2.2.1. Localization of DR Regions

The FRCNN takes the images and the region proposals as an input. Our method uses max-pooling and convolutional (Conv) layers to processes the whole image and produces the feature map of Conv. From the Conv feature map, fixed-size feature vectors are extracted using the ROI pooling layer. And then supplied into a series of fully connected (fc) layers before branching into separate output layers, the first layer computes Softmax-probability estimates over k = 5 region classes and the other layer produces four real-valued numbers for five region classes which represent a position of the bbox for one of the five classes [43]. We have trained the model for multi-class DR object detection using FRCNN, which can accurately localize the multiclass objects from an image. For DR localization, there are 4 + 1 classes in total i.e., hemorrhages, microaneurysms, soft-, and hard- exudates, plus one background class.
The RoI pooling layer resizes the features into a fixed-size of hyper-parameters h × w (i.e., 7 × 7) by using the max-pooling process. In our proposed method, the RoI consists of a four-sided (d,e,f,g)) quadrilateral window, where (f,g) represent the height and width and (d,e) represent the top left corner. The max-pooling layer divides f × g, the window of the RoI, into F × G, a sub-division grid of size f/F × G/G, and then max-pooling applied independently in the sub-division values into corresponding output cell. The RoI pooling layer is an extraordinary instance of spatial pyramid layer utilized in SPPnets [44], in which there is just one pyramid pooling level. We utilized the calculation of pooling sub-window given in [44].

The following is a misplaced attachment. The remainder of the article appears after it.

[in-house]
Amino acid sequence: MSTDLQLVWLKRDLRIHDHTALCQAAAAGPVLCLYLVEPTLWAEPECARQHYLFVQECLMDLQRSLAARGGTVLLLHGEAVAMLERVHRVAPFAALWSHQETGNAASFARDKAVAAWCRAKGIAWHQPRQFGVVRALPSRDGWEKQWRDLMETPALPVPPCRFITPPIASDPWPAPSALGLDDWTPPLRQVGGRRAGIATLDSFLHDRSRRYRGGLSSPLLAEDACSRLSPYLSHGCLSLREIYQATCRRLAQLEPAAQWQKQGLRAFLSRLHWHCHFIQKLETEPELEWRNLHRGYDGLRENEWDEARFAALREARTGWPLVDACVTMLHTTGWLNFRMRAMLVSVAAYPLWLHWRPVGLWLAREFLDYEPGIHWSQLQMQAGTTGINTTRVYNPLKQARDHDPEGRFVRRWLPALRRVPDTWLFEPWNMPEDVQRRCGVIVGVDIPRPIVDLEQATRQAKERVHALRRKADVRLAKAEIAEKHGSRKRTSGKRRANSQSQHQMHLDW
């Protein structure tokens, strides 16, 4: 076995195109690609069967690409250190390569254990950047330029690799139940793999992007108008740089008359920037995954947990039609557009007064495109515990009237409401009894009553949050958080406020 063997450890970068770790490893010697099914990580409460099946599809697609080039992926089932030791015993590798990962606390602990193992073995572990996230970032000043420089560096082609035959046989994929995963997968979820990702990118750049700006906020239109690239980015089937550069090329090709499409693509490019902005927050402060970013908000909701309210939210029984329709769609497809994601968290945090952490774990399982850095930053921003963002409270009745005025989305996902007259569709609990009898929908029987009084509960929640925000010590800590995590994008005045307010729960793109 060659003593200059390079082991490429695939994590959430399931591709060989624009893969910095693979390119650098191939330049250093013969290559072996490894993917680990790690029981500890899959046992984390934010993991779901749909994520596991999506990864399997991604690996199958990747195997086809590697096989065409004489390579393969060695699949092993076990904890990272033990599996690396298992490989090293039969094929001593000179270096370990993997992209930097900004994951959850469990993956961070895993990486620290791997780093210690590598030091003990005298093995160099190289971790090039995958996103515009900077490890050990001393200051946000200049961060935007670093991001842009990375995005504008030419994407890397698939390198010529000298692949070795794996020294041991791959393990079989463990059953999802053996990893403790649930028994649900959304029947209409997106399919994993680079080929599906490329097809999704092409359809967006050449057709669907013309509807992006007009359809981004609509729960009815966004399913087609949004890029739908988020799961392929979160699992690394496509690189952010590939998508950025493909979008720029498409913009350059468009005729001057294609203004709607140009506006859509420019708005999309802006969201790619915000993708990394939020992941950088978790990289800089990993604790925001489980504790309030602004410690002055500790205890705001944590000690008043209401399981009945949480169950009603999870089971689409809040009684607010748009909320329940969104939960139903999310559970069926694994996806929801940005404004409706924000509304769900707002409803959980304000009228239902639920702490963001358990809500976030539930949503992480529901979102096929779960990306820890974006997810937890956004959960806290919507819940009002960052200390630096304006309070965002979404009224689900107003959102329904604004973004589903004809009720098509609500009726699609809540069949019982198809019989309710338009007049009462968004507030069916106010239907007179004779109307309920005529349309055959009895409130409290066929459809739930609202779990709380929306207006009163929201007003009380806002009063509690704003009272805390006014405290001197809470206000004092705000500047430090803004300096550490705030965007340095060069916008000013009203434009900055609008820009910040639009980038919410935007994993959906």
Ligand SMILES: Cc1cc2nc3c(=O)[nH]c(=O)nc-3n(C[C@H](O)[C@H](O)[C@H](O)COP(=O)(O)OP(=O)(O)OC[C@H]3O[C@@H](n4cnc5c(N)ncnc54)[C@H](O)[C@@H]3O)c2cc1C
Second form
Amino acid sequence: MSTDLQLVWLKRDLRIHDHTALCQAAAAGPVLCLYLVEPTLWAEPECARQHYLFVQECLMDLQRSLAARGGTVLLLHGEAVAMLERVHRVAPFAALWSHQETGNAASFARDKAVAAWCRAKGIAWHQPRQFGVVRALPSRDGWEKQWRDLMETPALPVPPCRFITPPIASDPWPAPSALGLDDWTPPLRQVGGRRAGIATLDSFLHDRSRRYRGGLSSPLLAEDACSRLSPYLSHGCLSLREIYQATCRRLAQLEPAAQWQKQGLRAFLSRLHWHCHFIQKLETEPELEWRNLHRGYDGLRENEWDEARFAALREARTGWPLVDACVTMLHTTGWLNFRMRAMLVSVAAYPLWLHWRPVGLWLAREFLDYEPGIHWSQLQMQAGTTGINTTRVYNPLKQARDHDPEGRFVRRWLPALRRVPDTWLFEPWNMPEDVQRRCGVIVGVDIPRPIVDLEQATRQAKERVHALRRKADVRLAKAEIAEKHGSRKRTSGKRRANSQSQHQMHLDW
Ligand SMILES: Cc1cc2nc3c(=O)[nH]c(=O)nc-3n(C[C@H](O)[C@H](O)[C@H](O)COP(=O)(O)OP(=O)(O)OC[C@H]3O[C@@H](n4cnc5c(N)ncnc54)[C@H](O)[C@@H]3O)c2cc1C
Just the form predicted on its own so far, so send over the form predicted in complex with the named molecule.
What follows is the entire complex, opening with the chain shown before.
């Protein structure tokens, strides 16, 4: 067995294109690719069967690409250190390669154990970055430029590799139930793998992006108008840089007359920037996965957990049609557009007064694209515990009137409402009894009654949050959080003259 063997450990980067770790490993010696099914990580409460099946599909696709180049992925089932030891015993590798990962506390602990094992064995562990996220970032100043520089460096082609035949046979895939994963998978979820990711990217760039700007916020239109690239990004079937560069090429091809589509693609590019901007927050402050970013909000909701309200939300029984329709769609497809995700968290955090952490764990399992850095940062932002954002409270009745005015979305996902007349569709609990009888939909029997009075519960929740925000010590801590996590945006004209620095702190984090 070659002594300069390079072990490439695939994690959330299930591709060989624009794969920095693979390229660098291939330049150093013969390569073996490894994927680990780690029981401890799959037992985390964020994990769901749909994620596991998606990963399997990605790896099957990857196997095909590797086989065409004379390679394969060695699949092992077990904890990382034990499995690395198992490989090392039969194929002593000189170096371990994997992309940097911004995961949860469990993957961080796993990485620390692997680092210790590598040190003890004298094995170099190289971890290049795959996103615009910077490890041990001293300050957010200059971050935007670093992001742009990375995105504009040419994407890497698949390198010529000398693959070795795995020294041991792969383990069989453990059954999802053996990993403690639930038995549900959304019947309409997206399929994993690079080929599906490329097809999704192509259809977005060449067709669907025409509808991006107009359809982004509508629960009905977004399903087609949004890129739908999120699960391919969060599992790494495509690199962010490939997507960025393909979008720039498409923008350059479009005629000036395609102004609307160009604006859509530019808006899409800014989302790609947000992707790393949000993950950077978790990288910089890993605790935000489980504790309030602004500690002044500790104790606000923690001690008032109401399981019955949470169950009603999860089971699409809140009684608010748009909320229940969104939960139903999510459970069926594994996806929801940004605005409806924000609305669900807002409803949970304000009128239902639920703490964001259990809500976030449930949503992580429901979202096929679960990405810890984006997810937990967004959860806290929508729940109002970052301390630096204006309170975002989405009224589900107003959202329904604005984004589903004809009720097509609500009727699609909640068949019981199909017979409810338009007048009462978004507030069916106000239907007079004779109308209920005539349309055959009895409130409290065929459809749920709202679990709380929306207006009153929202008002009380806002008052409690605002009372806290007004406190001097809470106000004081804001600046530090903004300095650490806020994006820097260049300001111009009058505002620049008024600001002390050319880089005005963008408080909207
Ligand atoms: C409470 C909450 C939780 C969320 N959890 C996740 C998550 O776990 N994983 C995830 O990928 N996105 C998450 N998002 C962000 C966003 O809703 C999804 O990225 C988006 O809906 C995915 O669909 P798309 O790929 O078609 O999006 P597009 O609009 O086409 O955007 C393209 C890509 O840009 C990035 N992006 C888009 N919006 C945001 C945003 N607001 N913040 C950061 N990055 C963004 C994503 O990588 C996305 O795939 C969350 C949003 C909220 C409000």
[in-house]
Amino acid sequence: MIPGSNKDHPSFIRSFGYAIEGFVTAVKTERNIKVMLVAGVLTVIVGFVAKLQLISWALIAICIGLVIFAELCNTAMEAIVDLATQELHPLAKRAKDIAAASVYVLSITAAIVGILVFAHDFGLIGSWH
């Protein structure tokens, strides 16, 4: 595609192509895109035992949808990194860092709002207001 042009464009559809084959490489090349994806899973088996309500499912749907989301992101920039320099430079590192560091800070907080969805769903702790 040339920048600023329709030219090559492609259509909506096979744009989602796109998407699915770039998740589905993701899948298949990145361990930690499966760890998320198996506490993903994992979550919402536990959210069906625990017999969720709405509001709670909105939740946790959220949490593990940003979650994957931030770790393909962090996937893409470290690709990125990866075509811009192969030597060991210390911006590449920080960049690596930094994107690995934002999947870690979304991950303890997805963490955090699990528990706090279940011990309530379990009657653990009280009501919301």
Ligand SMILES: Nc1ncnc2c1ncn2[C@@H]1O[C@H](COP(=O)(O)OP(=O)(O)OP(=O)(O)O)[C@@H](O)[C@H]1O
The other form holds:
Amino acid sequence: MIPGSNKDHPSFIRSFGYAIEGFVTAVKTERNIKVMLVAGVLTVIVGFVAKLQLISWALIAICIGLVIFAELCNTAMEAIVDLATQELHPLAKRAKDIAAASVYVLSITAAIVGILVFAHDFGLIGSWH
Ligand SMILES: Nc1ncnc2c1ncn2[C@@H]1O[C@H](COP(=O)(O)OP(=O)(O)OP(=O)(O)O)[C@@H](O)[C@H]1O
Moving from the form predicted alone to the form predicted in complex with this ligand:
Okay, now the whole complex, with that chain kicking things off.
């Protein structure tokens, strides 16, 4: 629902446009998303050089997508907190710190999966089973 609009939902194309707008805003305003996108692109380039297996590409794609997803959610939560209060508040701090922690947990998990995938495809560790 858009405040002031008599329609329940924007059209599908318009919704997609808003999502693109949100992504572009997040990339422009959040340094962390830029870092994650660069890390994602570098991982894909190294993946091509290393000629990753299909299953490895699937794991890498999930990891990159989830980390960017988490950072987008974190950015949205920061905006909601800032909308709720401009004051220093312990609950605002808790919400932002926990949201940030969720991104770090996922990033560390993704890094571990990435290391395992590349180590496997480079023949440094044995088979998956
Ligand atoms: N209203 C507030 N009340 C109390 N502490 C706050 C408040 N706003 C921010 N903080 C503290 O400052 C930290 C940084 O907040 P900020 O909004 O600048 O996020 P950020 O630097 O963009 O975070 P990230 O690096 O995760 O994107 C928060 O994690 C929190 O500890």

2.2.2. Localization of DME Region

FRCNN can be train to localize the binary class objects, we have used FRCNN for the localization of macula region from retinal image. In this case, we have two region classes i.e., background and macula region which are represented by 0 or 1. The region inside the bbox represents the macula and other portion of the image is considered as background.
Th max-pooling and Conv layers are used to processes the whole image and produces the feature map. From Conv feature map, fixed-size feature vectors are extracted using the ROI pooling layer. And then supplied into a series of fc layers before branching into separate output layers, the first layer computes softmax-probability estimates over k = 2 region classes and the other layer produces four real-valued numbers for two region classes of DME which represent a position of the bbox for one of the DME classes.

2.2.3. Localization of Glaucoma Regions